Meeting the Needs of Generation 9/11

ISPU’s Generation 9/11 Series

A group photo of the scholars who participated in the Generation 9/11 Youth ConveningAny American born between 1990 and 2000 probably doesn’t remember a world without smartphones, Facebook and Game of Thrones. They also likely don’t recall a time when people kept their shoes on at airport security, could go all the way to the gate to see their friends off, or thought “Patriot Act” was just a good deed. Today’s 15 to 25 year olds don’t know an America before the horrific events of September 2001. They are “Generation 9/11.”

For American Muslims, membership in this generation presents additional challenges. Their religious community, according to polls, is among the least warmly regarded of any in the country and their country’s news media portrays their faith and community negatively 80% of the time. They face bullying, racial profiling and job discrimination.

Moreover, they face the same challenges of growing up as any other American, from drug and alcohol abuse to online safety to risky sexual experiences. And like other Americans, their community also struggles with racism and a crisis of religious literacy. At the same time, American mosques leaders, like their counterparts in other faiths, are finding it difficult to meet the unique needs of young people.

ISPU’s “Meeting the Needs of Generation 9/11” brief series addresses some of these challenges and offers actionable recommendations for parents, community leaders and national organizations. Each brief can stand on its own or be used as part of the series for a comprehensive approach to tackling the hurdles faced by today’s youth and young adults. We brought together practitioners and academics, Imams and parents, local leaders and national figures, grandparents and college students to craft practical recommendations that could be applied in a variety of contexts.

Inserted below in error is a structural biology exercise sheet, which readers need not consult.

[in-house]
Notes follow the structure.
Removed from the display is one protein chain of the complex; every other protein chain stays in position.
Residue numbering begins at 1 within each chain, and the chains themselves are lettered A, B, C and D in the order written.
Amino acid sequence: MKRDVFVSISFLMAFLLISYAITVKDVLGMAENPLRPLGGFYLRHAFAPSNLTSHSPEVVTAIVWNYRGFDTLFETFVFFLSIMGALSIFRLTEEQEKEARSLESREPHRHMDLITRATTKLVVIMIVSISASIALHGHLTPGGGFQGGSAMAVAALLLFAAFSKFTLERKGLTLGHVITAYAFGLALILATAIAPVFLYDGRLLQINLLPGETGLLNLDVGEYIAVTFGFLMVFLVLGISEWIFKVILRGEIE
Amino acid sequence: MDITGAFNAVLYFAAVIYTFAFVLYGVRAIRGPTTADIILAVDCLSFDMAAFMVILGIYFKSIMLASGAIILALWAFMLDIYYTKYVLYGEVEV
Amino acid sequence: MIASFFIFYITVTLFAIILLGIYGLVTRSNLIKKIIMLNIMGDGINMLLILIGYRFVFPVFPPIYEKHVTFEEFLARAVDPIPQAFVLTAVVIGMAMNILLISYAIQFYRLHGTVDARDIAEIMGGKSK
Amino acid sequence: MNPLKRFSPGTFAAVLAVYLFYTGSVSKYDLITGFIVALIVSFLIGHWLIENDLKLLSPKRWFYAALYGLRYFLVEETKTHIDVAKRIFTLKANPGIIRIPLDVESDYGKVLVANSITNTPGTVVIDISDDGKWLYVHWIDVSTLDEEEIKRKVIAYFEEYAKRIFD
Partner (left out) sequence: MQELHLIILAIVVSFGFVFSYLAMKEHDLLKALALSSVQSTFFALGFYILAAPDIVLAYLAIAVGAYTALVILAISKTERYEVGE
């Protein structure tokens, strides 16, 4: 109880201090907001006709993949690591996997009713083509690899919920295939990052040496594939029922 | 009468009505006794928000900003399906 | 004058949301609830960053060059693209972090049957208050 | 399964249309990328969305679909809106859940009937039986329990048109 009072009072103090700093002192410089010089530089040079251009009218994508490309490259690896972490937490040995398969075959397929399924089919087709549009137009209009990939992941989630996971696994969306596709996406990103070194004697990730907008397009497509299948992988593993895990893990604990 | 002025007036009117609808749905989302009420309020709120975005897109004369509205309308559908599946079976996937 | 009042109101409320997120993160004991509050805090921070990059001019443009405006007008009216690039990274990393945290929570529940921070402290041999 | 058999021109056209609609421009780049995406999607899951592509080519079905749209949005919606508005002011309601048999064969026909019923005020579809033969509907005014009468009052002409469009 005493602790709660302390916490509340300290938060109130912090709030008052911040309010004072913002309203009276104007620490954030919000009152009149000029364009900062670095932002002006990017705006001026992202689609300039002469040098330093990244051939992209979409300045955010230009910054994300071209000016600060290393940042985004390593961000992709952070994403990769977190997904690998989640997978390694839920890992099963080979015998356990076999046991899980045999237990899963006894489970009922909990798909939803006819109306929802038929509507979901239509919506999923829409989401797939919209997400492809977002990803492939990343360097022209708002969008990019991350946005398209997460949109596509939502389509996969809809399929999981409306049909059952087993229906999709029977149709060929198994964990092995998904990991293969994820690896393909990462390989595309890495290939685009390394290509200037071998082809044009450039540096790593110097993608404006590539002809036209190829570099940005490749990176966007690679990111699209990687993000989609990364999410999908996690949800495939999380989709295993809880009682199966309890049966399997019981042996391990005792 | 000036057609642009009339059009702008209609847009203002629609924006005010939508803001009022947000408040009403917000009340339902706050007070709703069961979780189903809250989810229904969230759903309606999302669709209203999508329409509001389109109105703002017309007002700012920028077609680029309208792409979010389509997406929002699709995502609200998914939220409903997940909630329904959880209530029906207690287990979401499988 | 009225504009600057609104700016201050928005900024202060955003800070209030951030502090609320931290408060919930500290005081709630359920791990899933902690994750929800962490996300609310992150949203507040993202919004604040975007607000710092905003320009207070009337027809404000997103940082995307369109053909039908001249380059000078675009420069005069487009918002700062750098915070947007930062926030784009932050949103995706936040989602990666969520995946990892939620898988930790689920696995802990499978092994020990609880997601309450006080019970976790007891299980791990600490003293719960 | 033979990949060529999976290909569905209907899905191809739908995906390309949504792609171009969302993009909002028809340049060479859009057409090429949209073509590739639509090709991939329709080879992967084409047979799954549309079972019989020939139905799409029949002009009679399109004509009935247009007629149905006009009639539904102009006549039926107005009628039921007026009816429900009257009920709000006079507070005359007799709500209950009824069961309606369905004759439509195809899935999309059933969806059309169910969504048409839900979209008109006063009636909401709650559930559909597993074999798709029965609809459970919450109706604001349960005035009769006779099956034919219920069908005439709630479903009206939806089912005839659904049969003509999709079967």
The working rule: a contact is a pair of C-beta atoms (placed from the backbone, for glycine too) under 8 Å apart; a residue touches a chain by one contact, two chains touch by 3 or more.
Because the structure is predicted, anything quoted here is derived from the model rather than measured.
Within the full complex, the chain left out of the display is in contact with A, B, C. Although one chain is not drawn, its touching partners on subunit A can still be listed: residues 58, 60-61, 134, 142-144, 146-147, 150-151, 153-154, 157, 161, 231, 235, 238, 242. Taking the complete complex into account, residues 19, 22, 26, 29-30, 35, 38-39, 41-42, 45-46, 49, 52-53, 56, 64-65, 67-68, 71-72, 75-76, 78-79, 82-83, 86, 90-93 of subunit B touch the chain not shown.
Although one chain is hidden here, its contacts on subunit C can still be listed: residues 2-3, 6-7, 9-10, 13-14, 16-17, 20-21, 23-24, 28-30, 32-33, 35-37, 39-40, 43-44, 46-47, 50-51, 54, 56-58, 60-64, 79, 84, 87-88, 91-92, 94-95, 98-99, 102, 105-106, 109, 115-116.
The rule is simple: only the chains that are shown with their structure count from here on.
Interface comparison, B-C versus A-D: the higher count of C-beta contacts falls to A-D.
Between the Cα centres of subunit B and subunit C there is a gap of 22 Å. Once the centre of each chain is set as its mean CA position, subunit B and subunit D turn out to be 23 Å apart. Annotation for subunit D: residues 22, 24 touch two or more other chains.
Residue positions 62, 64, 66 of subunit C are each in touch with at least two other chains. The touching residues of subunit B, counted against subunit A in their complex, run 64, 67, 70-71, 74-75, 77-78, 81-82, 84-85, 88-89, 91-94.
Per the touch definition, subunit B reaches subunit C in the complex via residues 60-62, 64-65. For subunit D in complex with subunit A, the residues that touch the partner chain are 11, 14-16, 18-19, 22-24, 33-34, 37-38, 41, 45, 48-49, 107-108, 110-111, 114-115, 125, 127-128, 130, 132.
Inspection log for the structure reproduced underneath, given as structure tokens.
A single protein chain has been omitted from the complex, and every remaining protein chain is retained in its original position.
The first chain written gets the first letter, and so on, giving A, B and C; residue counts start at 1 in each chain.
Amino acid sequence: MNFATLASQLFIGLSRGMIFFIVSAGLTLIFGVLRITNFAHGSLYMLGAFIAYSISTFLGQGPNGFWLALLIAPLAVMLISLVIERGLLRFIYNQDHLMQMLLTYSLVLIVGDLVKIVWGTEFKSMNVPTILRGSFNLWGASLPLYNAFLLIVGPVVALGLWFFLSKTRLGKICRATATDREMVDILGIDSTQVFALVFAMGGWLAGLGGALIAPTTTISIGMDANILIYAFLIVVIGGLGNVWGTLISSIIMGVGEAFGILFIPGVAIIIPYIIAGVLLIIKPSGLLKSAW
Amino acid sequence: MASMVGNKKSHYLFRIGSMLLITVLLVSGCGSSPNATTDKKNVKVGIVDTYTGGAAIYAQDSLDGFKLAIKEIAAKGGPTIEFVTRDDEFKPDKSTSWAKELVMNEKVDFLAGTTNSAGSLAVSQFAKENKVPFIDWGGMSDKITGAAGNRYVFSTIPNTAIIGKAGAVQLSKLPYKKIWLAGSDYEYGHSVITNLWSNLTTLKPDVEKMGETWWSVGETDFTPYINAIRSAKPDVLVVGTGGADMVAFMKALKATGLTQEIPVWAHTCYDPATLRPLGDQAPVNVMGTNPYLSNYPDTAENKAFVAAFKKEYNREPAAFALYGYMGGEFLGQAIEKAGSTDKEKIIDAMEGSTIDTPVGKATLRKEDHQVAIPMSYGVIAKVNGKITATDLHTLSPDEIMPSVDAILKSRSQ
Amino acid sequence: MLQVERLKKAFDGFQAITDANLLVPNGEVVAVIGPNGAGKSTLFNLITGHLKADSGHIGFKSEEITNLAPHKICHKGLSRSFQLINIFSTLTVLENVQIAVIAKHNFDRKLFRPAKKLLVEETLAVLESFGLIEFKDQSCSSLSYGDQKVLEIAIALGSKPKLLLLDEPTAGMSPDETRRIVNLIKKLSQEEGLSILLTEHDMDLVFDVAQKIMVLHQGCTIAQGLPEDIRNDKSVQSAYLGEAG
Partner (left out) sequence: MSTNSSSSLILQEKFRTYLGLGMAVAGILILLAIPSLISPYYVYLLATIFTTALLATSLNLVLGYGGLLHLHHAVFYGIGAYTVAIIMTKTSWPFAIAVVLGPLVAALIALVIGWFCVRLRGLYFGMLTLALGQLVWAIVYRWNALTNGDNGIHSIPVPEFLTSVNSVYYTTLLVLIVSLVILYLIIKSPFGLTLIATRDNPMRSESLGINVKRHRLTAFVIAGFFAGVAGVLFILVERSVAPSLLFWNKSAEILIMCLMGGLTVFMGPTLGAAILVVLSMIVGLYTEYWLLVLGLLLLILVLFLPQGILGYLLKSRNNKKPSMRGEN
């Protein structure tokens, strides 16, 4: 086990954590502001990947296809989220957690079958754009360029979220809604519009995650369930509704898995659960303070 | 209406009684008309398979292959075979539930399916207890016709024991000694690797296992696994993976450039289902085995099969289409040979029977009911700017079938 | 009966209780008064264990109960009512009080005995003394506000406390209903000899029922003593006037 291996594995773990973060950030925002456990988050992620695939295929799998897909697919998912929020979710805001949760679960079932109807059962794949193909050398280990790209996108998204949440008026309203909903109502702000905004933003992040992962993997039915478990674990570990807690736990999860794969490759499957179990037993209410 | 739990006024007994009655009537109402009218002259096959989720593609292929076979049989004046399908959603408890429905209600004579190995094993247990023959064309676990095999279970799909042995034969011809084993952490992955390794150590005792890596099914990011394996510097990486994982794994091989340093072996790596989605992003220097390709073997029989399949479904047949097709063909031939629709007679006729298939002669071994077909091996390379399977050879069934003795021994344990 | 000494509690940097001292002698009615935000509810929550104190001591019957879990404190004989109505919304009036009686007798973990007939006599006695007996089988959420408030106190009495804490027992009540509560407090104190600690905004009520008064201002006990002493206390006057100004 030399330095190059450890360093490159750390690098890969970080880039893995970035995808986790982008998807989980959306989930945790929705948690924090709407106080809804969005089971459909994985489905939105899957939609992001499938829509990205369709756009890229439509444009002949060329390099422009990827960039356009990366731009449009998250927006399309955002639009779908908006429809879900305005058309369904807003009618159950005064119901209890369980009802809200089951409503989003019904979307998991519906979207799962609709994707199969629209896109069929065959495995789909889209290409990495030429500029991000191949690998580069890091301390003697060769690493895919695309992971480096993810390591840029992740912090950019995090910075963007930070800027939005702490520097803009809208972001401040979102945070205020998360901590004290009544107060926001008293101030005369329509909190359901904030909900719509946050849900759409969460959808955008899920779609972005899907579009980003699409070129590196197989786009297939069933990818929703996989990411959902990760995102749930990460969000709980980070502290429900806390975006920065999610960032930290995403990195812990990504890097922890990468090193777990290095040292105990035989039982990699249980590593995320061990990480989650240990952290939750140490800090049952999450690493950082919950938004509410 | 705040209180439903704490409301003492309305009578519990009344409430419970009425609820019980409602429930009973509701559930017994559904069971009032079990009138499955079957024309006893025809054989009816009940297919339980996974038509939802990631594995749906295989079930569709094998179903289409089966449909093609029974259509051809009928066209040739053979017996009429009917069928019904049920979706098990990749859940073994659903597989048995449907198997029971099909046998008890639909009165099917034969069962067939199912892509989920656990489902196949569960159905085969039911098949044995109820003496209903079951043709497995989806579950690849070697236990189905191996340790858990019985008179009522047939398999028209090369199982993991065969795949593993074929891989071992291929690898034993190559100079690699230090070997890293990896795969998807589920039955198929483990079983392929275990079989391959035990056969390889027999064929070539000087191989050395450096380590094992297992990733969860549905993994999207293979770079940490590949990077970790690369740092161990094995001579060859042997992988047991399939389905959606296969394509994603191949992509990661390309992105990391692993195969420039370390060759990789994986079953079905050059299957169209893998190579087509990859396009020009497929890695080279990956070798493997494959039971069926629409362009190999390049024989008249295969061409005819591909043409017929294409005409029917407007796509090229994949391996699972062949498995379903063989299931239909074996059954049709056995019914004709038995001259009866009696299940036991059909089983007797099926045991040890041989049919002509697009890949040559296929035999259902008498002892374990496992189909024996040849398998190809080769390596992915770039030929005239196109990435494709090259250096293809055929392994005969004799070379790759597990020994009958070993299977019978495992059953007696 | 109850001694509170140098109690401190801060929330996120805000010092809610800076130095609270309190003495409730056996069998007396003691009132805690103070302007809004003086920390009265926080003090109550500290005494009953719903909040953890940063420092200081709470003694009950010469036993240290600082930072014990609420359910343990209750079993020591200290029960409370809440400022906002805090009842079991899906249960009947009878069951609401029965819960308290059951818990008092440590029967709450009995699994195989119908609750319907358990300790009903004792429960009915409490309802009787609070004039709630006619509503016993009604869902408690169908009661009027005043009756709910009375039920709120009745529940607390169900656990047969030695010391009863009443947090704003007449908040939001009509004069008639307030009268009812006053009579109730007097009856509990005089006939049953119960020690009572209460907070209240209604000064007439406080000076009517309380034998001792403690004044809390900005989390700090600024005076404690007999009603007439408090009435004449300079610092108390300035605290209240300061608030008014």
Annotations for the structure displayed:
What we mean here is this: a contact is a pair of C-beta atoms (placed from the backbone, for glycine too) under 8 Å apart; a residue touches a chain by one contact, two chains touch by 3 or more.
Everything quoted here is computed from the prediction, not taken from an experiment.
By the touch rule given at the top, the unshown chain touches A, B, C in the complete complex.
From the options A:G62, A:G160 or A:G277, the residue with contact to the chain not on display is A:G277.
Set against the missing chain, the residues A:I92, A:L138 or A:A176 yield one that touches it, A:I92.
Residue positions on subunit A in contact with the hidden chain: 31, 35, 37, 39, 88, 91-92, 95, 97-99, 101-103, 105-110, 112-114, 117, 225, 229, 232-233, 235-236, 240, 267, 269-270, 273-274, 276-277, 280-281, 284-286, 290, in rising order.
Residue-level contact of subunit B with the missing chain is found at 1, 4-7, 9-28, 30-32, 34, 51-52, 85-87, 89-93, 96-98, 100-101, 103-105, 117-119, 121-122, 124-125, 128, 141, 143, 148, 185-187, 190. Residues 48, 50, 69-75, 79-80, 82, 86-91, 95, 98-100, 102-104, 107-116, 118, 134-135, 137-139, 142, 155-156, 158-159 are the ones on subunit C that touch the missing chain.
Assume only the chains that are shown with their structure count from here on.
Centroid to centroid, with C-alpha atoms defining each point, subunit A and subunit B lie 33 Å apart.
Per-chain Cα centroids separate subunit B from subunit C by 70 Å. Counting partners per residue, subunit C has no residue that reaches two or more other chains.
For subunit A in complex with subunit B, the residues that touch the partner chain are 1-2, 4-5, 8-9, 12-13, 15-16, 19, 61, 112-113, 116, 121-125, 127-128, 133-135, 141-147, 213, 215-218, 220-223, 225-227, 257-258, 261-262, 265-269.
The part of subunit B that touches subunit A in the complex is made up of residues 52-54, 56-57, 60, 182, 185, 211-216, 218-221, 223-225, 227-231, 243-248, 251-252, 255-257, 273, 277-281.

Though we set out to address a number of pressing topics, we make no claim that our series is exhaustive. There are important topics that we have not covered but hope to tackle in the future. These include off line bullying and the unique needs of refugee Muslim youth as examples.

We hope these briefs help you meet the needs of this unique generation of American Muslims. We welcome your thoughts and questions.

American Muslim Youth Convening Report Series

  • How Can We Provide Better Support to Convert Youth?

  • How can predominately South Asian and Arab American mosques promote a greater understanding of race and civil rights, and create inclusive environments for African American Muslim youth?  

  • How do we keep American Muslim youth safe online? How do we nurture positive online engagement?

  • What basic knowledge and literacy gaps about Islam are important to fill for American Muslim youth and what resources already exist?

  • What can American Muslim communities do to prevent and treat drug use among American Muslim Youth?

Related ISPU Reports

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